Bob Bestler

Bob Bestler | This week’s presidential campaign non-issue: hair

Democratic candidate for President of the United States Bernie Sanders.
Democratic candidate for President of the United States Bernie Sanders. TNS

If we were a little more Chinese, we might call it the Year of the Hair.

I’m talking about the current presidential race, where one of several sideshows in the run to the big top is the competing hairstyles of the various candidates.

Take Bernie Sanders. He’s apparently hat-challenged and when he’s outside, in a breeze, Bernie looks a bit like the wacky professor in “Back to the Future.” Inside, of course, his hair looks fine for a guy in his 70s — and I say that as an expert on 70-year-old hair.

Over three decades in the national spotlight, Hillary’s hair has been the subject of many conversations, most of them catty. These days her hair style been overridden by her emails. We’re waiting for the FBI to tell us how many were sent to her hairdresser.

Donald Trump’s hair needs no introduction. He’s worn it that way forever and was the subject of jokes long before he became a candidate (paging David Letterman).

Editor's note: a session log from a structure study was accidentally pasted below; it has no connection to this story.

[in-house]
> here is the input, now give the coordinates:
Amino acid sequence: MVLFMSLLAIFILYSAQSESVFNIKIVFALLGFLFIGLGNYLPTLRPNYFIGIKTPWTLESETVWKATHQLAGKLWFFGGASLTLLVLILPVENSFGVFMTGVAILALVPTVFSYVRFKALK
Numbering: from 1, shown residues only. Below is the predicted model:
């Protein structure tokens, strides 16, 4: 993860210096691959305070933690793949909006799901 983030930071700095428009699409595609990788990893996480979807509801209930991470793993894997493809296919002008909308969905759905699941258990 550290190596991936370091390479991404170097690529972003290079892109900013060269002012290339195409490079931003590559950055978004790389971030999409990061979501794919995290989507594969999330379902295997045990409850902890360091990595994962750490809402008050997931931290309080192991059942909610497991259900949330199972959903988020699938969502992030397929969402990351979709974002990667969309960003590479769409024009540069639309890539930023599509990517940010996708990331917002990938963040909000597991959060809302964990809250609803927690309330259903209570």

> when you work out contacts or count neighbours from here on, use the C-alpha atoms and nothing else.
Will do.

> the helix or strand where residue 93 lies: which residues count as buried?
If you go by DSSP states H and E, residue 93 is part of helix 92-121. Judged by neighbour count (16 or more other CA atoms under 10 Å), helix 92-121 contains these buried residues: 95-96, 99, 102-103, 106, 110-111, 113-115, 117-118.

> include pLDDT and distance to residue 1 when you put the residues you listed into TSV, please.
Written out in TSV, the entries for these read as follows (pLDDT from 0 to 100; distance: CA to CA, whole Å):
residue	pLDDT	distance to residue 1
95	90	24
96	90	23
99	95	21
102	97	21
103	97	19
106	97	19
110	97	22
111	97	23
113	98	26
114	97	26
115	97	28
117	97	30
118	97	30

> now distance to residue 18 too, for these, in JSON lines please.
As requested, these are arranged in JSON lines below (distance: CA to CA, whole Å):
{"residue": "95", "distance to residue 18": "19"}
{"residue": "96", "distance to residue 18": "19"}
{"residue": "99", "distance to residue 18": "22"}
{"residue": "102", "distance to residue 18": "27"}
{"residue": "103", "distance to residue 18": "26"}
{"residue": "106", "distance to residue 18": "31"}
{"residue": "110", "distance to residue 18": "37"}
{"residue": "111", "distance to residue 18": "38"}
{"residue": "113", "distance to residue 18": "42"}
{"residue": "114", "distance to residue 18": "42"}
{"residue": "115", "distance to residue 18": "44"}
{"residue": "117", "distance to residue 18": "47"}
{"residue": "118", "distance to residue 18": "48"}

Now that he’s the GOP frontrunner it’s such a big deal that he actually asked a woman to come up and pull on it. To see that it’s real. She tugged at a little sideburn and agreed it was real.

The true test would have been to grab the blond mop on top of his head and pull. Thing is, she was a South Carolinian and much too genteel for such a blatant act.

Trump, of course, is no Sanders. He wears a baseball cap in the wind, keeping his heavily sprayed comb-over safely under wraps.

We probably should not make fun of one’s natural-born hair, but if we’re talking hair, we must mention the Rand Paul. Does a messy bird actually live atop his head?

Scott Walker bowed out the other day, but not before his own hair came under fire, though not literally.

Not sure how the matter arose, but he offered a bizarre explanation for a balding spot in the middle of his head: He hit his head on a sink and it turned bald.

Whoa, you mean I too could use that as an excuse? Thanks, Gov.

None of this means much when it comes to electing a president, of course, but it ought go down among other non-issues that have so far made it to the forefront of Campaign 2016. Sanders said as much, speaking to Times Magazine:

“When the media worries about what Hillary’s hair looks like or what my hair looks like, that’s a real problem.”

Guilty as charged, Senator.

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